Farfalle pasta, commonly called bow ties, is a great vehicle for fresh pesto, no matter what the green, as it’s unique shape can hold the sauce. This is a great recipe for early spring that you can make long before basil comes into season. Hazelnuts stand in for pine nuts. Recipe adapted from Vegetarian Times.

6 tablespoons blanched hazelnuts, plus more for garnish, optional

2 cups broccoli florets

1 1/2 cups loosely packed parsley leaves

1/4 cup plus 2 tablespoons olive oil, plus more for drizzling, optional

1/2 cup mint leaves

4 teaspoons lemon juice

1 1/2 teaspoons grated lemon zest

11/2 teaspoons capers, rinsed and drained, optional

5 large garlic cloves, peeled

12 ounces farfalle pasta

Toast hazelnuts in skillet 3 to 5 minutes, or until golden, shaking skillet often. Cool, coarsely chop, and set aside.

Meanwhile, bring large pot of water to a boil. Cook broccoli in boiling water 2 to 3 minutes, or until tender. Remove with slotted spoon. Drain, and rinse under cold water. Drain again.

Pulse hazelnuts, broccoli, parsley, oil, mint, lemon juice, lemon zest, capers (if using), and garlic in food processor until smooth. Season with salt and pepper, if desired.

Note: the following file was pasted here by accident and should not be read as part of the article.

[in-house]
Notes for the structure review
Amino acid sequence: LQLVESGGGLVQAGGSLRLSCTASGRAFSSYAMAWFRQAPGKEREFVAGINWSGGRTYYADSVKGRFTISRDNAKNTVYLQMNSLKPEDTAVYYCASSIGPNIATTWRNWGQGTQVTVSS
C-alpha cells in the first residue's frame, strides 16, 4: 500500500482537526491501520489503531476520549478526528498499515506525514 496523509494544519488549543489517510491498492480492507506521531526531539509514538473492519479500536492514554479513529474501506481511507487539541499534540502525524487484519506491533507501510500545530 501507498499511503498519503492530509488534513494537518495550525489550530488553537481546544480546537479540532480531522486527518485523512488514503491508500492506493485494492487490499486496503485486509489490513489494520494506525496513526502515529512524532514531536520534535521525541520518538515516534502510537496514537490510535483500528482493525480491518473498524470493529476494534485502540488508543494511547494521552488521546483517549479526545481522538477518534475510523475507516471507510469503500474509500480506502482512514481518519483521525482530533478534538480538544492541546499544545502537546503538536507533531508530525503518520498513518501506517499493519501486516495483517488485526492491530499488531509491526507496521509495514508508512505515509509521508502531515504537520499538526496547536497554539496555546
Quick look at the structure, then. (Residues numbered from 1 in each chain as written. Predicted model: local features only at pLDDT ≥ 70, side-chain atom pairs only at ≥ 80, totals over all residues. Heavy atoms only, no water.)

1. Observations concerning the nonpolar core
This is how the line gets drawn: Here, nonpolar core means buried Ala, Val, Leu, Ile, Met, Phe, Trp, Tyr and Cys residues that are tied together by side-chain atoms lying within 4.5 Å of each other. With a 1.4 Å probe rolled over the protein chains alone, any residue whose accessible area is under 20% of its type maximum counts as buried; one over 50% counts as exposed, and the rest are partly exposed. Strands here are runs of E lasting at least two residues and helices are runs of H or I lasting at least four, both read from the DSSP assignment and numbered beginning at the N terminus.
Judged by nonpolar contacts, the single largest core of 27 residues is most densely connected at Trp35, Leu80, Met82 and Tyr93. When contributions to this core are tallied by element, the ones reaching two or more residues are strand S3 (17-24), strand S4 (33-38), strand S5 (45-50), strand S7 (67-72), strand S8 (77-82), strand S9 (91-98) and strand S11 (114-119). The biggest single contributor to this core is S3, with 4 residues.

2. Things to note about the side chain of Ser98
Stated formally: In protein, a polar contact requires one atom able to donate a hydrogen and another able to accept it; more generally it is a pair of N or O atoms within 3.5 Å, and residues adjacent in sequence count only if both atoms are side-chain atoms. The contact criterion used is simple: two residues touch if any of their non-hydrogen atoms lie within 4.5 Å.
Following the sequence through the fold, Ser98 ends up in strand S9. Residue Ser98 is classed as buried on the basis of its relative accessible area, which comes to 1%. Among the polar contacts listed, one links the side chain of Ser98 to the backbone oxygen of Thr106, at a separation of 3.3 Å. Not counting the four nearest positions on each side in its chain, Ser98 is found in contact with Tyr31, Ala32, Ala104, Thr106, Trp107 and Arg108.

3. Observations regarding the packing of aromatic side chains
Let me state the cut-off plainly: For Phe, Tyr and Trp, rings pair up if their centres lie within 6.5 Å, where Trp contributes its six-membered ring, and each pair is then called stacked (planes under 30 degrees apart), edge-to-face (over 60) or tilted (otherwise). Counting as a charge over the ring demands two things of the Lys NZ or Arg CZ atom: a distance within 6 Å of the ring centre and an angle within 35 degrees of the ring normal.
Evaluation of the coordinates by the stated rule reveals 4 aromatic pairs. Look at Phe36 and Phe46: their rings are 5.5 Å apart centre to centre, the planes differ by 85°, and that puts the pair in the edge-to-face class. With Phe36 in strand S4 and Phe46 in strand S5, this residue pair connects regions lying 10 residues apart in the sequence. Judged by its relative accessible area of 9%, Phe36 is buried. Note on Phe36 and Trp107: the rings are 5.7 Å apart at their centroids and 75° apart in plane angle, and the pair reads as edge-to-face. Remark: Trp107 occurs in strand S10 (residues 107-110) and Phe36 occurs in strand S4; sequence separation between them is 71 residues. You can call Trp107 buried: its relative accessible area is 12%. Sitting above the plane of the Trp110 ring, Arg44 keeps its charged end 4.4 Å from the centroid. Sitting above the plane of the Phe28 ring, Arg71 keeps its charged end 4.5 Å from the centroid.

Cook farfalle according to package directions in broccoli cooking water. Reserve 1/4 cup cooking water before draining. Toss farfalle with pesto and pasta cooking water. Garnish with toasted hazelnuts, if using, and drizzle with olive oil, if desired. Makes 4 servings.

Per serving: 608 calories; 30 g fat (4 g saturated fat; 44 percent calories from fat); 72 g carbohydrates; 4 g sugar; 0 mg cholesterol; 197 mg sodium; 15 g protein; 6 g fiber.

Dark Leafy Pesto

Sturdier greens such as collards, kale or mustard get blanched to make them tender. This pesto gets a hint of Southern flavor from pecans and fresh sage. You could even spice it up with a dash of hot sauce. Serve over pasta and roasted summer veggies. Recipe adapted from Vegetarian Times


8 ounces collard, kale, or mustard greens, tough stems trimmed

1/4 cup pecans

1/4 cup Parmesan cheese or nutritional yeast

3 cloves garlic, peeled